Mankind Has Suffered More from Bugs than Battles
Decaying corpses were stacked all over the burial ground and the streets were littered with the dead. When trains arrived at railroad stations, they had to be cleared of dead and dying passengers. The killer was Spanish influenza of 1918-19. In the U.S., about 500,000 people died, mostly young adults. This plague started (at least in the U.S.) in a Kansas army camp and within a week it was in every state. It then jumped the Atlantic Ocean to cut down millions. Five million people died in India. Total world deaths are estimated to have been up to 100 million people and this pandemic has been called “the greatest medical holocaust in history.”
More people died as a result of the Spanish flu than died in World War I–on both sides. During the Crimean War (1854-56), ten times more British soldiers died of dysentery than from all the Russian weapons combined. Moreover, 50 years later, during the Boer War, there were five times more deaths from disease than from enemy fire.
From the dawn of history, mankind has experienced times of sickness, sorrow, and suffering. Often, times of pestilence were mysterious, sudden, and without remedy. Lack of knowledge, superstition, and poor sanitary conditions often contributed to the progress of the pestilence. Men often felt that God was visiting them with plague to punish their evil deeds. The disease was usually dreadful, devastating, and deadly and often left as quickly and mysteriously as it appeared. Now, we face another deadly possibility: the Ebola virus (EVD). Plus, there are Islamic terrorists with the ability, equipment, funds, and commitment to wreak destruction, disease, and death on a massive scale.
Throughout history, people often reacted out of fear and ignorance, and that only compounded the problem, extending the pestilence. They ran from the towns, but found that when they arrived in a “safe haven” they were met by the same pestilence. Of course, the pestilence had been a traveling companion. Hopefully, the mistakes make in the past will not be repeated in the future. Our present threat could come from Ebola, a nuclear blast, poisoned water or food supply, or biological agents sprayed over a metropolitan area. It might simply be numerous suicide attacks in scattered malls and churches.
The further one goes back into history, the less reliable are the numbers of dead, and the less assurance we have of the pestilence that took them; however, it is a fact that mankind has suffered far more from bugs than from battles.
My use the word plague is a general term for any deadly epidemic disease since even the experts can‘t identify some of the major plagues of the past.
We know that malaria hit Italy in the first-century B.C., and that the dead were in all the houses, and the streets were crowded with funeral processions. Many who had mourned a stricken relative died themselves with such rapidity that they were burned on the same pyre as those they had mourned.
An epidemic that lashed the whole world started in Verus’ Roman army while his troops were fighting in the East in A.D. 165. According to Ammianus Marcellinus, the original infection came from a chest in a temple which Roman soldiers had looted. God warned about those who are greedy for gain in Proverbs 1:19, reminding us that it would cost the lives of the greedy souls. The results of this thievery cost the lives of millions of innocent souls. Verus’ army carried the disease homeward, scattering it everywhere, and by the time they reached Rome, the disease had spread from Persia to the shores of the Rhine, a world plague. Hans Zinsser, American physician, bacteriologist, and prolific author, quoted Orosius’ report that deaths were so many that some cities in Italy were abandoned and fell into decay.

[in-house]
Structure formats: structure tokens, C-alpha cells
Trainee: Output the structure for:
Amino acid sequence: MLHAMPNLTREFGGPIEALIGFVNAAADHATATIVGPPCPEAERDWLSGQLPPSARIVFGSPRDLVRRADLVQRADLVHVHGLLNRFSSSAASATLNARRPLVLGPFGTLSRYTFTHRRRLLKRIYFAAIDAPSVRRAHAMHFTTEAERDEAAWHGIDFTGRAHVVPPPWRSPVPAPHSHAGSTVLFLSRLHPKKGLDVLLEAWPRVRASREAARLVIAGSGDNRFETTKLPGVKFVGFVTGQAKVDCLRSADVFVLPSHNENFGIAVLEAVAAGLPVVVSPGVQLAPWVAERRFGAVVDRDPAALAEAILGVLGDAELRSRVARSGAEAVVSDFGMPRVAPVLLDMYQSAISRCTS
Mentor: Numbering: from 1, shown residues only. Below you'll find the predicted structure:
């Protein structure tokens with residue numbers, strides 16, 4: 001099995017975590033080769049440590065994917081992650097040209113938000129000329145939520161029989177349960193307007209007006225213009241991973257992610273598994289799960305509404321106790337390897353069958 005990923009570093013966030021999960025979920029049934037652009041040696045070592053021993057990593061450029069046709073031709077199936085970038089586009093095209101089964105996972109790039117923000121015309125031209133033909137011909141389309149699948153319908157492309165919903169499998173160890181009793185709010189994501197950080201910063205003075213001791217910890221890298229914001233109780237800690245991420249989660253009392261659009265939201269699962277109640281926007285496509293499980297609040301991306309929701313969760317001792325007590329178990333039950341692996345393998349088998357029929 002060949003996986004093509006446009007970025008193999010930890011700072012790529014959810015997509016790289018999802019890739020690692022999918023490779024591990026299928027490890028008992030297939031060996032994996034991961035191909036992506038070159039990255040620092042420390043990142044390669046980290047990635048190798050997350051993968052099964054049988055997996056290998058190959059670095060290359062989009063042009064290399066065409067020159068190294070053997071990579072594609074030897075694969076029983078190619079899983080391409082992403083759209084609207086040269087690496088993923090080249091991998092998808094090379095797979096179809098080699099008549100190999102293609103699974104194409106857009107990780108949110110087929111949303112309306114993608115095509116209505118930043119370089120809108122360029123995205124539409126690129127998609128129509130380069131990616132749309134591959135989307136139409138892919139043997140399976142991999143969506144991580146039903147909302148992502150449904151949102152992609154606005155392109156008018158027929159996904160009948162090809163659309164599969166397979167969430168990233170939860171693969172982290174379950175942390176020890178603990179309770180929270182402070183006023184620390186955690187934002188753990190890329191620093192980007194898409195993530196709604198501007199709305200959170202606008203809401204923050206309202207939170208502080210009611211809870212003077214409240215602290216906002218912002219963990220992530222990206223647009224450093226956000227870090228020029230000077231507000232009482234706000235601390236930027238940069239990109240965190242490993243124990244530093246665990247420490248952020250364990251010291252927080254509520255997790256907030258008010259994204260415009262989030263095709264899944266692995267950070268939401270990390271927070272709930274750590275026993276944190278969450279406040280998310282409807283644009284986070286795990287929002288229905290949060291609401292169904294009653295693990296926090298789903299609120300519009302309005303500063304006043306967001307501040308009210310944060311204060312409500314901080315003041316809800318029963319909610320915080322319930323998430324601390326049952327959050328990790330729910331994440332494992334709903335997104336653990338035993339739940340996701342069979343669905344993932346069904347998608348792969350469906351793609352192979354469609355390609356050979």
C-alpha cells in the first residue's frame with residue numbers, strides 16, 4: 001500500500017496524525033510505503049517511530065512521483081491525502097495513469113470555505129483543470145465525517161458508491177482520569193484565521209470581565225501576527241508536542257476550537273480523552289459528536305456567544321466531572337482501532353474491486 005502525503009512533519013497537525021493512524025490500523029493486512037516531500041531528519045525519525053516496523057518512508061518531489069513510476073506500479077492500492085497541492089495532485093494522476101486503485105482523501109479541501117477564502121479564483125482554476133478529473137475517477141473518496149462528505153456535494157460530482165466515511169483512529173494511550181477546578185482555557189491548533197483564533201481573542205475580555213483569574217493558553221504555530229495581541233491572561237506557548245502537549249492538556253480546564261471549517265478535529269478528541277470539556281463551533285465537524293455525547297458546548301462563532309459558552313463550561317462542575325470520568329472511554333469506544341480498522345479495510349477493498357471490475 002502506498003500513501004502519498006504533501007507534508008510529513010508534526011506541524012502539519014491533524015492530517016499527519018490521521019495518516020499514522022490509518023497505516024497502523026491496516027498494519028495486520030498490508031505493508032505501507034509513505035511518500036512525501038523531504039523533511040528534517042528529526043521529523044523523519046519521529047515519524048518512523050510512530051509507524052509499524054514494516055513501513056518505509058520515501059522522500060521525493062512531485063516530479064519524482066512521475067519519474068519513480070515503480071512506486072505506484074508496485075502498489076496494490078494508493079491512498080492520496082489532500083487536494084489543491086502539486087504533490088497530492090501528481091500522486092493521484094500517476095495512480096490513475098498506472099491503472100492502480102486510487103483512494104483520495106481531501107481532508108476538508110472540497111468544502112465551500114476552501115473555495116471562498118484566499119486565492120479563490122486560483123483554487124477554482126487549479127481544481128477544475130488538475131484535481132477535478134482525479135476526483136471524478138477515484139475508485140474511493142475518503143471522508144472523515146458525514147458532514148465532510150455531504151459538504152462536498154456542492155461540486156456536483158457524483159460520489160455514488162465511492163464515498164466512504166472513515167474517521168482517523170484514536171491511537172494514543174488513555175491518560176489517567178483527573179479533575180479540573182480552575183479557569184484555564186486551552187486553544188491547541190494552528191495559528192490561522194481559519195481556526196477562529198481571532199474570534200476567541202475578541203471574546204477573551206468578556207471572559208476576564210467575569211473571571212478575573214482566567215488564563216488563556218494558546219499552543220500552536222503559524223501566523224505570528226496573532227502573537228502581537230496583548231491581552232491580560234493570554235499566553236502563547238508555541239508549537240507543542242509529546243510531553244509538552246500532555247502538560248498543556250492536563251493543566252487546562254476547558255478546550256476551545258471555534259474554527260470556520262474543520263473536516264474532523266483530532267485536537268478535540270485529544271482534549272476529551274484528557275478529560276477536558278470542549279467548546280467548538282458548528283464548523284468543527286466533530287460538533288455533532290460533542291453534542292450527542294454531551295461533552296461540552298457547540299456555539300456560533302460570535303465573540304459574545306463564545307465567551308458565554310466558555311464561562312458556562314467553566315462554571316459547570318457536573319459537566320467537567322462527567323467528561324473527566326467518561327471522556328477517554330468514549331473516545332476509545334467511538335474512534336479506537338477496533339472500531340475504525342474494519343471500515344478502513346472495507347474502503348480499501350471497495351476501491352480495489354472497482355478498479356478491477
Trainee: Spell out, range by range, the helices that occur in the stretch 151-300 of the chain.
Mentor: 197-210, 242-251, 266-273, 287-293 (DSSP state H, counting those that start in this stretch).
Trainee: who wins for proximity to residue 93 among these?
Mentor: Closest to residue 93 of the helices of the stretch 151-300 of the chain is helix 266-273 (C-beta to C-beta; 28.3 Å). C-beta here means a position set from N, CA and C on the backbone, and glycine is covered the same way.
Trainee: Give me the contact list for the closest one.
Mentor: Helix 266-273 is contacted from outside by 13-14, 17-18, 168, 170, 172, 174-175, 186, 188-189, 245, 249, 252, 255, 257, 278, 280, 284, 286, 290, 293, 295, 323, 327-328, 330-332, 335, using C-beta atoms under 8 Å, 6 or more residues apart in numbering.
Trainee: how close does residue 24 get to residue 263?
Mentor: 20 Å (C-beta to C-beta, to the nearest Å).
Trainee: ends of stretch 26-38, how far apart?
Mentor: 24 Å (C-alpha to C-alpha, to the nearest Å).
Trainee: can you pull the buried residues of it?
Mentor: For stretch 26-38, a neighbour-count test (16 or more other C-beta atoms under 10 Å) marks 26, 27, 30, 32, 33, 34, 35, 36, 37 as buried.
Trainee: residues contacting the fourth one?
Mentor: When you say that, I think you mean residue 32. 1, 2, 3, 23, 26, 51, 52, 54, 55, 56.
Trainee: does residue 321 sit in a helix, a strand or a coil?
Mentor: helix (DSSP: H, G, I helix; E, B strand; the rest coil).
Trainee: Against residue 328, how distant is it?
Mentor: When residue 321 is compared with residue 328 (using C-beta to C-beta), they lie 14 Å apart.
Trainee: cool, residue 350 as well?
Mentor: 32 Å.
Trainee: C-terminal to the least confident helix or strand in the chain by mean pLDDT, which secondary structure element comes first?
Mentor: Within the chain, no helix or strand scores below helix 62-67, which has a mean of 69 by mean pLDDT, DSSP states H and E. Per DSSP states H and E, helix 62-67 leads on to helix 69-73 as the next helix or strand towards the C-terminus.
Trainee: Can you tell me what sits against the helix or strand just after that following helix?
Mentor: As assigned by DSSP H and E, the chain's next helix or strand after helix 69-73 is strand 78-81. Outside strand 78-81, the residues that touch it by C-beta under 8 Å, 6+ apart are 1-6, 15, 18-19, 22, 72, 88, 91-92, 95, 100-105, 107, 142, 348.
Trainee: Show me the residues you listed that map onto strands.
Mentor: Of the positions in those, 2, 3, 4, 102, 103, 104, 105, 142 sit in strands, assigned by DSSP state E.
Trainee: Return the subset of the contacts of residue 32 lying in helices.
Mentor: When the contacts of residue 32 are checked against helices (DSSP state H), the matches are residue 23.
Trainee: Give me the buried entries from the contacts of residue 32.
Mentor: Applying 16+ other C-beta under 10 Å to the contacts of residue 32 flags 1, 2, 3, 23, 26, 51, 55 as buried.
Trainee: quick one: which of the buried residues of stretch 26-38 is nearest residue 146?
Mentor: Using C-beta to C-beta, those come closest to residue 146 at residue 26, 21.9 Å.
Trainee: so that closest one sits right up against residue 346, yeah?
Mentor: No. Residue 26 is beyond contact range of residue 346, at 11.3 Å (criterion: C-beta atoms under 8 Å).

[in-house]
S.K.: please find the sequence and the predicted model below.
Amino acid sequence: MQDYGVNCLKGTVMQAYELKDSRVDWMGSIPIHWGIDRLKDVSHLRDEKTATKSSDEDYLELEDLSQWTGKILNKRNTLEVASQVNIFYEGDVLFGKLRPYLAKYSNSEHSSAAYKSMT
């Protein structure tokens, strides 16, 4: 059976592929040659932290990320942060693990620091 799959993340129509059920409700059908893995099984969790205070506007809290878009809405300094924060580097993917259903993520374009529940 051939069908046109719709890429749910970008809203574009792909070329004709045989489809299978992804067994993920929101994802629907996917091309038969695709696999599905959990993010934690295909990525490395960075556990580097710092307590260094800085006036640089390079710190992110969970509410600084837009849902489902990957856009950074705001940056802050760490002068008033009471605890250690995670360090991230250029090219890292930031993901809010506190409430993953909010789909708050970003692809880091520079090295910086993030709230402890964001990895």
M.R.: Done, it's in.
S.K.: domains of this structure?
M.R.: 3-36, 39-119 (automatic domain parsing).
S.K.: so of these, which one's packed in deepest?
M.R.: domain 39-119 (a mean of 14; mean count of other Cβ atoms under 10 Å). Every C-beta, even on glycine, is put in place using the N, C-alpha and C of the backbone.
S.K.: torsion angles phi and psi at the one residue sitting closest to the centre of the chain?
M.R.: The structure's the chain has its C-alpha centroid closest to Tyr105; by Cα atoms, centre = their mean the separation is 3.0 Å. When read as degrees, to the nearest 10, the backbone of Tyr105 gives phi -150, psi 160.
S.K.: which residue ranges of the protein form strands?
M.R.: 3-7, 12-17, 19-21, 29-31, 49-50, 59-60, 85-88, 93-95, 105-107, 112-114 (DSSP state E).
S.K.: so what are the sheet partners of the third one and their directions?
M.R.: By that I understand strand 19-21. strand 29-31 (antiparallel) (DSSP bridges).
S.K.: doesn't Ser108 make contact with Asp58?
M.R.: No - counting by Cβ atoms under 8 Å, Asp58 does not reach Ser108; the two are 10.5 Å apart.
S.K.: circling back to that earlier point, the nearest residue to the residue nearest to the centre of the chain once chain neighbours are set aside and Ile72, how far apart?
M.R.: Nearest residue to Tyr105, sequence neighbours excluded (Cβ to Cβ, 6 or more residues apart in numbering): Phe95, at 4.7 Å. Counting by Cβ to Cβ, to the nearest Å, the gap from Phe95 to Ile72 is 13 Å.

There was so much terror of the disease that no one dared nurse the sick and dying. It even killed Marcus Aurelius, the Emperor of Rome, who was among the 2,000 per day that died in that city.
In the epidemic of Cyprian about A.D. 251, the plague skulked through Egypt, leaving the dead and dying, and then boldly attacked Rome and Greece where the daily dead rose to 5,000. It spread over the entire world, from Egypt to Scotland. It was during this plague that the custom of wearing black as an indication of mourning became common, according to Roman Catholic historian Baronius (1538-1607).
The pestilence of A.D. 302, had a companion—famine. The people resorted to eating grass, and the deaths from famine almost matched those dying from disease. Hungry dogs fought over the bodies of the human dead. Hieronymus tells us that the human race had been “all but destroyed,” and that the earth was returning to a state of desert and forests.
Headlines last week reported: “UN predicts global famine” if Ebola continues to explode. Anthony Banbury, head of the UN Mission for Ebola Emergency Response revealed that “Ebola got a head start on us.” He also said, “It [Ebola] is far ahead of us, it is running faster than us, and it is winning the race,” adding “We either stop Ebola now or we face an entirely unprecedented situation for which we do not have a plan.” Note, “We do not have a plan.”
So, maybe Ebola [EVD] or terrorism will do to us what Hieronymus reported about the human race in 302 A.D.–it had been “all but destroyed,” and the earth was returning to a state of desert and forests.
God help us. World health officials have not been very helpful.
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